At first glance, the red line that designates the boundaries of the proposed Newmarket Business Improvement District (BID) could send bristles up the back of many Southenders, Boston being such a territorial, turf-oriented city.
That red line extends well past Mass/Cass and encompasses all of Albany Street, the Boston Medical Center campus and over to Harrison Avenue in what is typically the heart of Worcester Square. All neighborhoods fear encroachment, and there are certainly some skeptics of the BID, but not as many as one might expect.
In fact, while some neighbors in other parts of the South End have been alarmed, those in Worcester Square are keeping an open mind to what such a program could do to help enhance quality of life in a frustrated area at the epicenter of the opioid crisis.
Sue Sullivan, director of the Newmarket Business Association, said she proposed the BID some time ago to enhance services to the Newmarket area and parts of the institutional South End. That came when her membership were at their wit’s end in dealing with the issues coming from the epidemic – whether trash, vagrancy, emergency situations, loitering, security and drug-use issues. Beyond that, the BID was an opportunity to introduce a transportation shuttle network as well – a nod to better security for the area.
Since COVID-19, she said the plan has begun to accelerate. She said she now has 80 percent of the signatories she needs to put the proposal before the City Council.
“It’s really become even more critical now,” she said. “I signed up another 15 parcels this week. People are realizing the importance. We are not on hiatus. It takes a while to get to all the property owners and explain it and getting them to sign on. It just takes time.”
Sullivan has 713 parcels in the boundaries, and getting about 65 percent of the owners on board is required to submit the BID to the City Council for review. Similar to the BID in downtown Boston, the Newmarket one would enhance services already provided and she said there is a Memorandum of Understanding (MOU) proposed that would require the City to continue the same level of investment in the Mass/Cass 2.0 plan that exists now. That would make the BID something completely extra, and an enhancement to the area to fill gaps that now exist. It would be funded through an assessment on all properties, and that would be used to provide the services to those in the boundaries.
“The Police Department does an excellent job here and we have a good relationship,” she said. “But some things don’t rise to the level of a 9-1-1 call – or maybe take an hour if you do call to get a response because it’s not high level – and this could help that. When someone is sleeping on your doorstep, but you don’t want to call 9-1-1, this could be a solution. A lot of our businesses pay for private security already.”
When it comes to the South End, Sullivan said places like the former Flower Exchange, BMC, BU Medical Center, and some places over to Harrison Avenue have always been part of the business association and thus are included in the BID. Absentee landlords in the BID would be assessed, but Sullivan said with enthusiasm that owner-occupants would not.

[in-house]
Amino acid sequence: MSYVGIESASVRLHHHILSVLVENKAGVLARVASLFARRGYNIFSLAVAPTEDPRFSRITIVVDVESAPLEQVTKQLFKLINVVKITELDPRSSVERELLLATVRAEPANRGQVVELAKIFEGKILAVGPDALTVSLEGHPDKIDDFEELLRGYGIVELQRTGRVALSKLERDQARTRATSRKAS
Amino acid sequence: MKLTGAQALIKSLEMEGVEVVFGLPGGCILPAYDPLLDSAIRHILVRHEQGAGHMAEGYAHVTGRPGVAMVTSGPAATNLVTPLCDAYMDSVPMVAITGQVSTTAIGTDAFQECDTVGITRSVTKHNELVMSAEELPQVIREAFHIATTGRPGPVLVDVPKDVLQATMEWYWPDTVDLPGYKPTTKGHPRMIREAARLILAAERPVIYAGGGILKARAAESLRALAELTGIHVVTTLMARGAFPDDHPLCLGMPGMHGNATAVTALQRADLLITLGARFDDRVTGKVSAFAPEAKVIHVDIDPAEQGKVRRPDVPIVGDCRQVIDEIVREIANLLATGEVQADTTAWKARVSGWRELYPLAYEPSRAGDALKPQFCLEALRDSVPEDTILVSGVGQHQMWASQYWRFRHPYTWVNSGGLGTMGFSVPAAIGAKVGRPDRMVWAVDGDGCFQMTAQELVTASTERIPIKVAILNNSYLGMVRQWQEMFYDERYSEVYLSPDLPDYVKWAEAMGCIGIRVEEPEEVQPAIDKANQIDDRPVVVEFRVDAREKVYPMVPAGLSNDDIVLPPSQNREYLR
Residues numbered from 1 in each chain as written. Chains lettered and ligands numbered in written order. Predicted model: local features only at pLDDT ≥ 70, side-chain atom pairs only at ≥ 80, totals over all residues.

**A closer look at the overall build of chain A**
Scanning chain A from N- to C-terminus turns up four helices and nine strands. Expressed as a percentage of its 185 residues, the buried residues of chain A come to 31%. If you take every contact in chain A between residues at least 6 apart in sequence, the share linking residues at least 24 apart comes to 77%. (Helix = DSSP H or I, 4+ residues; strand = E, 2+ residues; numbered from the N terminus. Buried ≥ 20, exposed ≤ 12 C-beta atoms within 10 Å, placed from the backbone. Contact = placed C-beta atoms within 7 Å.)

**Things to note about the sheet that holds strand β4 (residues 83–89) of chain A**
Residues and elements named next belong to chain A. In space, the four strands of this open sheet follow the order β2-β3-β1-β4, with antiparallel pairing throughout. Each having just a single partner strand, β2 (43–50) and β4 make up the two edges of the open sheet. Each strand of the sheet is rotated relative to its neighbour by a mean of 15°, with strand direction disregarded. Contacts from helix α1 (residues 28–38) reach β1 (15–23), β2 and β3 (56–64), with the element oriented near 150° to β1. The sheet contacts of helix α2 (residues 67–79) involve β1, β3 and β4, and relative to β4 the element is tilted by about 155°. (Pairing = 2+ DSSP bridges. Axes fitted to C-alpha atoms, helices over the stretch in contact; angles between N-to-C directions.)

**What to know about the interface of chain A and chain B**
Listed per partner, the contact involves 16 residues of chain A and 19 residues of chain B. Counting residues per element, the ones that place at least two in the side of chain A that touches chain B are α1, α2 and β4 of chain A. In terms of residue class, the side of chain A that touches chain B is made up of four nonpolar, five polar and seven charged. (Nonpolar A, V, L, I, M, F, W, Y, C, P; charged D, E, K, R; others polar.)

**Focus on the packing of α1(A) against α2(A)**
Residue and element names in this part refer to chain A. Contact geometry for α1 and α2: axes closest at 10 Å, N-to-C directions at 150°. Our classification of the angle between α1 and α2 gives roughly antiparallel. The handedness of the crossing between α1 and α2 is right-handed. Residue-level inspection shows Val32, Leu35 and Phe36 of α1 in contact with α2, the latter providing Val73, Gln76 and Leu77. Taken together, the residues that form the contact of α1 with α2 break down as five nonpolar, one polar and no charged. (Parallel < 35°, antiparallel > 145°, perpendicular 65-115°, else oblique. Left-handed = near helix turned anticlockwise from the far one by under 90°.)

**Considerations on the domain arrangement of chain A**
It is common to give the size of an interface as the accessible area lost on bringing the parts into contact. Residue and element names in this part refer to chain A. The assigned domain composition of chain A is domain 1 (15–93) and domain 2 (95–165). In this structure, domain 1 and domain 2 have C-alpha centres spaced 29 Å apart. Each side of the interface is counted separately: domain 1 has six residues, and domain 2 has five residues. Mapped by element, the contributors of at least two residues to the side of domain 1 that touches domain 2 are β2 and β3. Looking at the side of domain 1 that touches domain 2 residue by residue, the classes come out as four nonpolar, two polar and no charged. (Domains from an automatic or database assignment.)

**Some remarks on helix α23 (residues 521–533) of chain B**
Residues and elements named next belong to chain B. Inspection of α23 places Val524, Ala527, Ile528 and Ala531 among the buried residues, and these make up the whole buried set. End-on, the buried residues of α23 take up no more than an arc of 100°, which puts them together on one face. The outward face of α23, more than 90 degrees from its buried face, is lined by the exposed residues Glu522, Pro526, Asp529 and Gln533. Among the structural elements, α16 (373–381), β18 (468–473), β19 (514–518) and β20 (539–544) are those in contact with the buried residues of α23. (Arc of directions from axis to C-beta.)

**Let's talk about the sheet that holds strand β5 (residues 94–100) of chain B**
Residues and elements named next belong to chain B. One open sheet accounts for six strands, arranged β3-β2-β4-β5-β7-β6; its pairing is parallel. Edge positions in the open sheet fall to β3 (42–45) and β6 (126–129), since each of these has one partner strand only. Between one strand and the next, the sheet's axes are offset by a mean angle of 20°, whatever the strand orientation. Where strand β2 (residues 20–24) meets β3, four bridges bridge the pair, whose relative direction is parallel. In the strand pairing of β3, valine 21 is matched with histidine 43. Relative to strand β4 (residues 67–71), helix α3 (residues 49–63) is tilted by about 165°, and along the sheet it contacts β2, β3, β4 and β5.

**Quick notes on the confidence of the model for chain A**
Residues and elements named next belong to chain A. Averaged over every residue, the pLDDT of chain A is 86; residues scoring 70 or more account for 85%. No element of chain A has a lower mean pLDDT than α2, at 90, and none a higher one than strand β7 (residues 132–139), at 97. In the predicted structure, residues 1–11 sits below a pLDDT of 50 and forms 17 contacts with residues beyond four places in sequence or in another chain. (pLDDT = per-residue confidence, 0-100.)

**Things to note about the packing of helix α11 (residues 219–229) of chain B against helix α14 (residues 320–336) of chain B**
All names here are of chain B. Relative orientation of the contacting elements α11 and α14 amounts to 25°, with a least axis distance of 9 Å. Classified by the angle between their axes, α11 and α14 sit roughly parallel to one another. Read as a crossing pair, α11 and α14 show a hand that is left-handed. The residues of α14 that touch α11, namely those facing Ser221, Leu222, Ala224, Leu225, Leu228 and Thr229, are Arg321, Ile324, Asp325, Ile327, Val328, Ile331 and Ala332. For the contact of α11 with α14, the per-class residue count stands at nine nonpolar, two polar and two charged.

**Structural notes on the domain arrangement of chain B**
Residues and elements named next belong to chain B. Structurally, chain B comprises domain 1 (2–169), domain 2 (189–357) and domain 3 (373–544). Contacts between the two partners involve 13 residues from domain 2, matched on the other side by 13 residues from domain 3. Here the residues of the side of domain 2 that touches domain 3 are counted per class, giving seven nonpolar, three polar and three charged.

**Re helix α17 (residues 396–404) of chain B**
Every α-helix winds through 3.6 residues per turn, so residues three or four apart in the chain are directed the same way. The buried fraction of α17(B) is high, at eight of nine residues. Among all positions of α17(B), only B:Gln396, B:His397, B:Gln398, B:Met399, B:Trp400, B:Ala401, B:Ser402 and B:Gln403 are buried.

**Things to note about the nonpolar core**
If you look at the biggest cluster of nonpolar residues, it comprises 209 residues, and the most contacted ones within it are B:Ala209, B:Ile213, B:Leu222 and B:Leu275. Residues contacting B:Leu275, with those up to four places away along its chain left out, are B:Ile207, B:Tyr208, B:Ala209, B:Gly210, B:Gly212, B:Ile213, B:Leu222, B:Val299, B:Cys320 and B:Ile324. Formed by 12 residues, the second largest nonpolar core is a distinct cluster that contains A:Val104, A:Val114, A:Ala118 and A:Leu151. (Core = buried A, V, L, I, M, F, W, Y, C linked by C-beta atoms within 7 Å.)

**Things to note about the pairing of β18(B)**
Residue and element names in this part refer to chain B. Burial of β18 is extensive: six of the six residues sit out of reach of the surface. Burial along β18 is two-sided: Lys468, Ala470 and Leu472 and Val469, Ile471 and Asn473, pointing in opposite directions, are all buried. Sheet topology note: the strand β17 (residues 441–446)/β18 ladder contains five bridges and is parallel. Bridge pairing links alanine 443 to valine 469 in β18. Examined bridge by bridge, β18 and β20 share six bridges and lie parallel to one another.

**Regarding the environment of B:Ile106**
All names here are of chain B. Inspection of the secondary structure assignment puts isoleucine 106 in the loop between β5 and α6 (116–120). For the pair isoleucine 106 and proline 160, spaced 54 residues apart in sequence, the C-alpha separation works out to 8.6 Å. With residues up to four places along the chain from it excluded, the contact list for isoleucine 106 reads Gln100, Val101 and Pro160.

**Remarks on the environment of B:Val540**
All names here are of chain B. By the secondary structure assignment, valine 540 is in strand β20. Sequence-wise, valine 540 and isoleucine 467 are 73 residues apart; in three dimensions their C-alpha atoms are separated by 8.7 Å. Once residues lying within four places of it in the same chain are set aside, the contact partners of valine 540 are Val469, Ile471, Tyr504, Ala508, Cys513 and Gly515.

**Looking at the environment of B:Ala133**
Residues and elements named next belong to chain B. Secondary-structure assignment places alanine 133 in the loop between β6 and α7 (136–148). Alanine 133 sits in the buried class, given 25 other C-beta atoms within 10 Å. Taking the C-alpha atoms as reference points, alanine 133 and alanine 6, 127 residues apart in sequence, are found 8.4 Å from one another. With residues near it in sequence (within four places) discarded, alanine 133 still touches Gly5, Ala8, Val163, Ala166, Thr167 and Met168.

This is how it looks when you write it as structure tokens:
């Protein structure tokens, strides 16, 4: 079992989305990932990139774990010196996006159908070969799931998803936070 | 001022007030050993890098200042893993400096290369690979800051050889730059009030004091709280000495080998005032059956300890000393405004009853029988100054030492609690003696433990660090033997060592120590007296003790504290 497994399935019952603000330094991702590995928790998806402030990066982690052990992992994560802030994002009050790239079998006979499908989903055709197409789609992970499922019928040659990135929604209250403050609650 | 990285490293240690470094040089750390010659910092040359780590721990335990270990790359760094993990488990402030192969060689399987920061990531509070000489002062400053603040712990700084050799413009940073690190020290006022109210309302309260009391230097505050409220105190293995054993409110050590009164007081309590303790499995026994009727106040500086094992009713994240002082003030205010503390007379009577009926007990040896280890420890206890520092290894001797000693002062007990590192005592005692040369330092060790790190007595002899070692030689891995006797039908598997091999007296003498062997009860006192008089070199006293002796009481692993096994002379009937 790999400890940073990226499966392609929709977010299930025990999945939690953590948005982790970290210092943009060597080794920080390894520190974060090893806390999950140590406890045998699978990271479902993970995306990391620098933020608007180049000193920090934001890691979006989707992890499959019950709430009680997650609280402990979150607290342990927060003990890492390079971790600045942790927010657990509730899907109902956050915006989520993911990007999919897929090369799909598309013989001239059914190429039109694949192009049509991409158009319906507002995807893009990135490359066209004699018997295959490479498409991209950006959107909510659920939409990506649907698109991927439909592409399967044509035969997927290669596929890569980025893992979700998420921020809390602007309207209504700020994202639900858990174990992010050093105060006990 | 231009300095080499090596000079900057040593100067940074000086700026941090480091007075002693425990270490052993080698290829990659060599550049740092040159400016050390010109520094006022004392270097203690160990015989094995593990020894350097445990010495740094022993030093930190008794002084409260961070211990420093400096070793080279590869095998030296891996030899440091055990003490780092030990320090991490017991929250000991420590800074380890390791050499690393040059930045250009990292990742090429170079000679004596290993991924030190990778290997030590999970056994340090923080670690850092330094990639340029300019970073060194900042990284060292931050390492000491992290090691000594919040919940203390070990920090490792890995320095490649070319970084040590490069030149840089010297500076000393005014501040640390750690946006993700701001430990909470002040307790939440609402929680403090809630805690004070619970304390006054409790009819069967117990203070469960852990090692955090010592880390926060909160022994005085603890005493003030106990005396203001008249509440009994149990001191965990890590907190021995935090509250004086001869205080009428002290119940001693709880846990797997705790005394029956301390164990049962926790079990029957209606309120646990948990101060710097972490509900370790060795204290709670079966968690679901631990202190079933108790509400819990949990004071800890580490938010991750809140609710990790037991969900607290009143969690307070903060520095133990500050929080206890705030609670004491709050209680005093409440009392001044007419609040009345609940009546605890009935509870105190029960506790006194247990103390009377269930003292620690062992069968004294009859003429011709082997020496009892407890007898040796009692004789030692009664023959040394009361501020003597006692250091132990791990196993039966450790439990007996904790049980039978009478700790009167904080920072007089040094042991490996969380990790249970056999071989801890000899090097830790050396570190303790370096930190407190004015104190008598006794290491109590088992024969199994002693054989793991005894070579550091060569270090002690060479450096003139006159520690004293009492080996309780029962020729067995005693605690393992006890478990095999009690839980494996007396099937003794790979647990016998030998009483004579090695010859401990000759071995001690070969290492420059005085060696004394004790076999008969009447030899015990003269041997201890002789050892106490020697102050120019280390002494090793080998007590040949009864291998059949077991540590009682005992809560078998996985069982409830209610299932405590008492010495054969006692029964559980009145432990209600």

“Interestingly, resident owner-occupants don’t pay into the BID, but they do get the benefits,” she said. “Resident non-owner occupants pay in, but at a lower amount…These areas adjacent to BIDs can also contract with the BIDs for services or the BID can move around its boundary if need be.”
Those benefits of the BID being on Harrison Avenue and Albany Street have drawn some intrigue from residents in Worcester Square – some of whom feel that it could solve some of their long-standing problems that large plans like Mass/Cass 2.0 can’t seem to solve.
“WSANA has long advocated that the medical and social service providers in Mass Cass create a common team of outreach workers that we could call when there is an incident too urgent for 311 and not urgent enough for 911,” said George Stergios, president of Worcester Square Area Neighborhood Association (WSANA). “We call one phone number and someone comes out who helps the person to the right provider: homeless shelter, engagement center, Health Care for the Homeless, etc. My hope is that the new Business Improvement District under the leadership of Sue Sullivan will have the resources and clout to pull something like this together.”
Sullivan said it’s not a plan to push things out of Newmarket, which has been rumored. In fact, she said she considers the South End a partner, and everyone is working to the same goal.
“It’s not like we’re going to push things to the South End or Andrew Square,” she said. “We want to also build systemic changes and I think we’ve been good community partners with the South End. It’s not like our issues have set boundaries. We’re all concerned about the same things.”
Some of the things that could be attractive include enhanced security, a shuttle to Mass Ave Station, Newmarket Station and Andrew Station, as well dedicated cleaning crews to enhance City efforts.
“Any way you look at it, an improved transportation, security and street cleaning effort for that area will be so much better for WSANA,” she said. “They really do stand to benefit in a lot of ways.”